Finally free? Judge to consider ending restrictions on Britney Spears

epa09345057 A demonstrator holds a poster reading 'Free Britney of her Conservatorship' during a #FREEBRITNEY protest in front of the court house where a hearing is scheduled in the Britney Spears' conservatorship case in Los Angeles, California, USA, 14 July 2021. A judge granted Britney Spears the right to hire her own attorney after her court appointed attorney resigned on 06 July. EPA-EFE/ETIENNE LAURENT

LOS ANGELES, Nov 12 (Reuters) - Pop superstar Britney Spears may be freed as early as Friday from a conservatorship that she has called abusive and humiliating if a Los Angeles judge rules in her favour and ends the 13-year legal arrangement.

The “Piece of Me” singer, 39, has begged the court to terminate the conservatorship that has governed her personal life and $60 million estate since 2008.

The arrangement was set up and overseen by the singer’s father after she had a public breakdown and underwent treatment for undisclosed mental health issues.

Since revealing years of private anguish in tearful testimony in June, Spears has received a groundswell of public support and hired a new lawyer who has moved aggressively to end the restrictions.

Los Angeles County Superior Court Judge Brenda Penny is scheduled to consider that request and possibly rule on the matter at a public hearing on Friday. None of those involved in the conservatorship opposes the request.

“This week is gonna be very interesting for me!” Spears wrote on Instagram earlier this week. “I haven’t prayed for something more in my life!”

It is unclear if the singer will appear in person at the court on Friday or speak via audio as she has sometimes done in the past.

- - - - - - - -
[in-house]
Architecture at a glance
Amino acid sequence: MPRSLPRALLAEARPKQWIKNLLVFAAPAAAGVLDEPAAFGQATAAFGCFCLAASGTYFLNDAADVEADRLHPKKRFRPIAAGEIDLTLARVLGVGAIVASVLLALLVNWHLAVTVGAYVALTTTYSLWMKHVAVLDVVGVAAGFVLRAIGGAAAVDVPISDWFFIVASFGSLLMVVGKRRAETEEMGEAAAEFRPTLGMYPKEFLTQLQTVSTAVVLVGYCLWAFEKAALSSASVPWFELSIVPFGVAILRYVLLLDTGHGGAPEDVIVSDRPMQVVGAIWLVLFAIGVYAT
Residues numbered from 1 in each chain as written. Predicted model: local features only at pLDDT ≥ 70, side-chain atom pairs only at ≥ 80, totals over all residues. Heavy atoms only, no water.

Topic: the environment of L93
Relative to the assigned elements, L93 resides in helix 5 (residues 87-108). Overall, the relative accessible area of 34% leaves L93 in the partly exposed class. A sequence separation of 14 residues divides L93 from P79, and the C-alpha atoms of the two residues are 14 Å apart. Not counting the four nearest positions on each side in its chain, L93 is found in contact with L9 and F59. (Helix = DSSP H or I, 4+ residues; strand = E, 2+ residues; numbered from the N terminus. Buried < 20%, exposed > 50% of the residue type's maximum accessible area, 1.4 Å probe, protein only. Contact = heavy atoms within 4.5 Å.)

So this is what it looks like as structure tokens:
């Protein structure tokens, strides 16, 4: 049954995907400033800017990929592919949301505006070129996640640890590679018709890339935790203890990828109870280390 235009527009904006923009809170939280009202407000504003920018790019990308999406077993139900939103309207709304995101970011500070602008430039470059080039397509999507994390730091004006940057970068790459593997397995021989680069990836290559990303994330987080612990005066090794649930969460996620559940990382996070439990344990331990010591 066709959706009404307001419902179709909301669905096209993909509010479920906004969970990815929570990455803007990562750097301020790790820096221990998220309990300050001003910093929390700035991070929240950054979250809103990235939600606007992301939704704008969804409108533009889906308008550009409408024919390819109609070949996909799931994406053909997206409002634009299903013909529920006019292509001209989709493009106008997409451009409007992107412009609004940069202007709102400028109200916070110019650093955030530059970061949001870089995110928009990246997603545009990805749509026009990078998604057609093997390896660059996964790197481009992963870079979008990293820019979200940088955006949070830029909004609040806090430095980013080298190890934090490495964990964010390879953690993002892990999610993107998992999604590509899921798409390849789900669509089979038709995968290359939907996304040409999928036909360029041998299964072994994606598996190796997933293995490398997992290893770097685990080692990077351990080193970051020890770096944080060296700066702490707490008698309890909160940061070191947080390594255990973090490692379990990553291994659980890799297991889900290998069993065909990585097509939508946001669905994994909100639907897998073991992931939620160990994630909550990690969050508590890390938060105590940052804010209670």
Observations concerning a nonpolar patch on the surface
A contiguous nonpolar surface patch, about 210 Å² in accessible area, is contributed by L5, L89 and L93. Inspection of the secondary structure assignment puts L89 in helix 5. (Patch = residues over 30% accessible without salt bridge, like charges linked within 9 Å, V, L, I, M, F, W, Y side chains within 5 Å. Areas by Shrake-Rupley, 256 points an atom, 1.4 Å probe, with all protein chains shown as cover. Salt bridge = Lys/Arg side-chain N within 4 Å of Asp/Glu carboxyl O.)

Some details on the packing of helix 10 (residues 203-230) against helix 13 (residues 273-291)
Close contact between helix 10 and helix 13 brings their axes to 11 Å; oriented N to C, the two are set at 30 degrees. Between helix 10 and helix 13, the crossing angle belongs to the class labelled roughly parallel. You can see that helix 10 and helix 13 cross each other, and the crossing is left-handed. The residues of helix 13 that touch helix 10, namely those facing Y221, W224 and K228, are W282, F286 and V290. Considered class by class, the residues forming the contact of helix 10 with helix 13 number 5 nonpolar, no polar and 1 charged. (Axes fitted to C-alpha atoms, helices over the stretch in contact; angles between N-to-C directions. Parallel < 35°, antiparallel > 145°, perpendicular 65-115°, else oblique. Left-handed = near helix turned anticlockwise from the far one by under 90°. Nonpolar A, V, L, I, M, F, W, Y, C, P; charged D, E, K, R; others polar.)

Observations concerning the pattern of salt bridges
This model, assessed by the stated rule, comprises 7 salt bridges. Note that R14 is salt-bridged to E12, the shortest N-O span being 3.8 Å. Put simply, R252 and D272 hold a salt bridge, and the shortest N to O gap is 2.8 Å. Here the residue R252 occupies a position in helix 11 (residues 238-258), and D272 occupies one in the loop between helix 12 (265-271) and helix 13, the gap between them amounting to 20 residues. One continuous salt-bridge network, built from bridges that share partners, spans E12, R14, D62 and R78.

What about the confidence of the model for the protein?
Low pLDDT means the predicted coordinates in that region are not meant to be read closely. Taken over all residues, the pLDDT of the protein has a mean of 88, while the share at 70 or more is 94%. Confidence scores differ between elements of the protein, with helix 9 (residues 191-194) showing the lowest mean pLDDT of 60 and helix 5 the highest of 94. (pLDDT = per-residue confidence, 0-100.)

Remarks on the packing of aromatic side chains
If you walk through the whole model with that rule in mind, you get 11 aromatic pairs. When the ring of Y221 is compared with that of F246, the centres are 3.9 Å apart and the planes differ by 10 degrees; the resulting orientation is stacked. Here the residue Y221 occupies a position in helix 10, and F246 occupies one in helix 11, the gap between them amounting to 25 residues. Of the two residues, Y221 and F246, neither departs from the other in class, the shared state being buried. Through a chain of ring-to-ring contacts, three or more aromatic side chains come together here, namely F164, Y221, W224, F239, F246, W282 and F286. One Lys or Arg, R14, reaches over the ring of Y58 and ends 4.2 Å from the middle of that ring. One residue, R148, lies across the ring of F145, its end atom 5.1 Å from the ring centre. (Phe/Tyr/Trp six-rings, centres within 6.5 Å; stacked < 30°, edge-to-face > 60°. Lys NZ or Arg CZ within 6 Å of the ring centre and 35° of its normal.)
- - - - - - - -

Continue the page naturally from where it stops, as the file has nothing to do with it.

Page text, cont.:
A key question is whether Penny might require Spears to undergo a mental health evaluation, a step often taken before ending a conservatorship. The singer has asked to be released without a new psychiatric assessment.

In June, Spears told the court she had been traumatized and wanted her “life back” as soon as possible. She said she had been forced to work and take medication against her will and was prevented from marrying or even getting her hair and nails done.

Her father, Jamie Spears, has said through attorneys that he helped his daughter rehabilitate her career and always acted in her best interest.

In an unexpected move in early September, he reversed his stance on the conservatorship and said he supported termination because the arrangement had helped her and was no longer needed.

Penny suspended Jamie Spears from the conservatorship in late September, calling his involvement “toxic” to the singer’s well-being, and temporarily replaced him with an accountant.

Interest in the case was propelled in the past year by documentaries and a #FreeBritney movement of fans who questioned why the singer has lived under restrictions while successfully touring around the world and earning millions of dollars.

The fans, who have gathered outside the courthouse waving pink signs to show support, plan to hold a celebration on Friday evening if the judge delivers the milestone ruling they are hoping for.

Spears is engaged to personal trainer Sam Asghari and has said she wants to have more children. She has two teenage sons from her previous marriage to Kevin Federline.

By Lisa Richwine.

(Reporting by Lisa Richwine in Los Angeles. Editing by Matthew Lewis).


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